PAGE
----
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Author Topic: Training  (Read 760 times)

meclimber

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Training
« on: March 23, 2010, 03:42:03 PM »

So who does it, who hates it and what do you do?

I only get outside 1-2 days a week, typically one day climbing and the other bouldering for a few hours depending on the season.  When I'm motivated (like now, Yosemite only a few months off) I Drink on Monday,try weight training Tuesday (mountain athelete is a great resourse for climber workouts) Wednesday I drink, thursday climbing gym, Friday drink and climb big one day on the weekends.  All this and I still suck, but it helps me not drink everynight! 

Post up!
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Jon Howard

Pat

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Re: Training
« Reply #1 on: March 23, 2010, 04:16:25 PM »

I like to use Clyde Soles' book - Climbing: Training for Peak Performance.  It has a lot of information on different cardio zones, nutrition, (including my favorite, "Beer isn't the worst thing you can drink after a hard work out - it's usually the french fries and nachos") and strength training, etc. 

At the back of the book, it has a variety of training regimes from weekend warrior to expeditions.  I've used the book the past 5 years for various Northwest alpine climbs and have been pretty happy with the results.

I definitely agree with Mountain Athlete - Rob Shauls has some pretty crazy routines that work you pretty hard. mtnathlete.com

-Pat
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meclimber

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Re: Training
« Reply #2 on: March 23, 2010, 04:56:34 PM »

Nice, Pat.  I've gotten some good torture, I mean workout ideas from gymjones.com also.  Mark Twight, what else can I say!
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Jon Howard

M_Sprague

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Re: Training
« Reply #3 on: March 23, 2010, 05:28:50 PM »

Try one of this woman's workouts http://www.bodyrock.tv/ I haven't picked up the right bra yet, so I am waiting to start ;D They actually do look like realy good workouts and I like the way she doesn't require a lot of gear. She actually says on her site that she was starting to rock climb
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strandman

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Re: Training
« Reply #4 on: March 23, 2010, 05:56:06 PM »

Abuse in any form is good. ;) My old bud Karl Mallmen trained like a fiend- 500 sit-ups, run 20 miles, 2 hours on the board etc, AND dank very heavy ! Climbed 12+ on all types of routes.
I have found mtn biking uphill at 9,000' to be nice, with a pack. I kept my drilling up to snuff by drilling some of my house's anchor bolts by hand - 1/2" x 5", but hell it's only concrete not conway granite !!!!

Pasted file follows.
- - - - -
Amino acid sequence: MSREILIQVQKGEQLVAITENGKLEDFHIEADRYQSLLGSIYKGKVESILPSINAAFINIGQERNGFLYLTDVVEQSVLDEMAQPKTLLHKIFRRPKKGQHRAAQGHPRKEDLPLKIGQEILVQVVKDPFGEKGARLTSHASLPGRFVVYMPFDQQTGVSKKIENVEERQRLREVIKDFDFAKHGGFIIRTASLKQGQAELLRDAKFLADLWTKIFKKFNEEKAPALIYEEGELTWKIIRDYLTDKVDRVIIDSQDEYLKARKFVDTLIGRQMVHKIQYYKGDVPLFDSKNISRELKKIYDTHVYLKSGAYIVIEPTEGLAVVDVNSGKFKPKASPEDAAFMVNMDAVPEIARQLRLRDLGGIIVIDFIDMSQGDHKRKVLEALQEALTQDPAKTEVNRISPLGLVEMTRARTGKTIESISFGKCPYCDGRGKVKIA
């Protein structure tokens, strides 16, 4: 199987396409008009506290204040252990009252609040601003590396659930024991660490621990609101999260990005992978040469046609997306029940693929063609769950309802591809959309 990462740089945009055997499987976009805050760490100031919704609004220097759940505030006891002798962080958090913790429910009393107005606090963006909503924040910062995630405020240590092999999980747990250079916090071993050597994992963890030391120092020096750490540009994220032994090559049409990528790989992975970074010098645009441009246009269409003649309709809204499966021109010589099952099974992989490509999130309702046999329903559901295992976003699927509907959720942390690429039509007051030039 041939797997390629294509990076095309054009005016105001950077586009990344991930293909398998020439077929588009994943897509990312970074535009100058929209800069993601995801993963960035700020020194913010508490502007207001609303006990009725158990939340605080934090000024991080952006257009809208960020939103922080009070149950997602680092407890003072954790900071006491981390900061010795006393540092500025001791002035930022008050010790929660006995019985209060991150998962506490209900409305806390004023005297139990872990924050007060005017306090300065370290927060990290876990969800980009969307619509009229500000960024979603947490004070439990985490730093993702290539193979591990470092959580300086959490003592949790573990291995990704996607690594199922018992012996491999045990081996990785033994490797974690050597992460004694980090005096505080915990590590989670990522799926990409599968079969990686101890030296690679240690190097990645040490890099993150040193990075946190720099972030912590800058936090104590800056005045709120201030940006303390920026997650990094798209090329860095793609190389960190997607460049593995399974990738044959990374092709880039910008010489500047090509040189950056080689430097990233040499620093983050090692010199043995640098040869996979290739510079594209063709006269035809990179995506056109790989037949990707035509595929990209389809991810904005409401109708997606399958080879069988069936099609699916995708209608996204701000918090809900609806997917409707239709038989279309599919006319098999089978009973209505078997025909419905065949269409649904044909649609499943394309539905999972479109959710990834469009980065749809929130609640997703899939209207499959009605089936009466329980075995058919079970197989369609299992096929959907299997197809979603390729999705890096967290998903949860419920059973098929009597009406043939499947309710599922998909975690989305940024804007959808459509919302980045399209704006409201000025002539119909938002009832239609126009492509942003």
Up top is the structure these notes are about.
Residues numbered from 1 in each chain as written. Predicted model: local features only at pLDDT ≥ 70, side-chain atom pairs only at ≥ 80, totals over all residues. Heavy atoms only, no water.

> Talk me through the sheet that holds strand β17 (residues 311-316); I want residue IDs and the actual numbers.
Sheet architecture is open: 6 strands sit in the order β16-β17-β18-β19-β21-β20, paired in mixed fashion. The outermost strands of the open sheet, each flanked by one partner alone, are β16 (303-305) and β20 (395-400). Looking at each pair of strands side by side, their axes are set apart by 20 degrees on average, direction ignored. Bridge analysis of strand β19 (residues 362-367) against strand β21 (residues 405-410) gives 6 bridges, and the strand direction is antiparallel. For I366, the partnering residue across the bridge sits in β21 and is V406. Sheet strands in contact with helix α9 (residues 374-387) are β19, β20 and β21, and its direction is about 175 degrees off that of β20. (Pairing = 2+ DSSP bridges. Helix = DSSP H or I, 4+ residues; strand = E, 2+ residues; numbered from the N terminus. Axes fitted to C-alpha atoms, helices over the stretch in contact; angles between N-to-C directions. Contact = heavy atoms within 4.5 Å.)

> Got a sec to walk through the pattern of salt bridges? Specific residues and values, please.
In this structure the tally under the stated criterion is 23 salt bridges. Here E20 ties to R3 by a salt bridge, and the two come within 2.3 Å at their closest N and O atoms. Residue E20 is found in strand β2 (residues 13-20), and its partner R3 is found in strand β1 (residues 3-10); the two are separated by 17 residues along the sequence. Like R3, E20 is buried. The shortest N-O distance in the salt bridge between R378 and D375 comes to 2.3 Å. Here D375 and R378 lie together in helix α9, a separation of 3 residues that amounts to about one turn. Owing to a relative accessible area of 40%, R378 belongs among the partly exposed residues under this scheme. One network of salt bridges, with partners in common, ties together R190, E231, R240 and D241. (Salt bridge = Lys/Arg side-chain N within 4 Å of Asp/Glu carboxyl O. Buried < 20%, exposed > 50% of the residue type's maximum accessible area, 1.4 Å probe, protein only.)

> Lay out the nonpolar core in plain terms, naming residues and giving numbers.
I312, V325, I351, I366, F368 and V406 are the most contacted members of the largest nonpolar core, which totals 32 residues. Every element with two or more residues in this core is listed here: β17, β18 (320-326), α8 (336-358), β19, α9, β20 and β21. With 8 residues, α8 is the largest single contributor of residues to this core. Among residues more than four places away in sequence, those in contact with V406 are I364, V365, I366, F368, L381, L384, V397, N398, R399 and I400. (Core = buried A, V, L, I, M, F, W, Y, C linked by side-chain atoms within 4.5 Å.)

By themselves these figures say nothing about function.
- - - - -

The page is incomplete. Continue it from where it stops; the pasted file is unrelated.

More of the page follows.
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bennybrew

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Re: Training
« Reply #5 on: March 23, 2010, 05:57:12 PM »

So who does it, who hates it and what do you do?

I only get outside 1-2 days a week, typically one day climbing and the other bouldering for a few hours depending on the season.  When I'm motivated (like now, Yosemite only a few months off) I Drink on Monday,try weight training Tuesday (mountain athelete is a great resourse for climber workouts) Wednesday I drink, thursday climbing gym, Friday drink and climb big one day on the weekends.  All this and I still suck, but it helps me not drink everynight! 

Post up!

monday i drink beer. tuesday i drink beer. wednesday i drink beer. thursday i drink rum with a beer chaser. friday i drink beer. and on the weekends i drink beer. such is the life of a brewer.

occasionally i push/pull (http://www.exrx.net/WeightTraining/Instructions.html) and, as often as my drinking allows, i row.
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MAmedic

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Re: Training
« Reply #6 on: March 23, 2010, 06:06:42 PM »

Give these a try.  The Y in my town has them and they are great.  Expensive to purchase but probably could be macgyver-ed. http://www.fitnessanywhere.com/
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Nick D

llamero

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Re: Training
« Reply #7 on: March 23, 2010, 06:46:24 PM »

My wife has been training for law enforcement, so we've been doing a lot of running (2-3 miles in the morning 5 days a week) and strength training 2-3 days a week, with excellent results (i.e. last season it took 2 months to get up to V1+ and this season I was there the first day out, and the wife was tackling problems for the first time ever). 

The key to any intense training is rest!  Rest muscles until they are no longer sore (usually 48-72 hours) before training them again.  If they are still sore, do NOT strength train them, or you will injure yourself, and/or actually make yourself weaker.  After every strength training session we have a total rest day where we either do nothing or just a short run.  We also make sure we get a good night's sleep every night.

Also strength training sessions should only last 35-45 minutes including warm-up sets.  If you can go longer, your not pushing with enough intensity.

Since rock climbing requires stamina and excellent strength to weight ratio, I've been following wrestling work-out regimens as a guide line since that sport has very similar considerations.  If you're in VERY good shape (can squat and bench press 1.5x your body weight) you can also begin to incorporate plyometrics into your strength training routines which will really boost your results.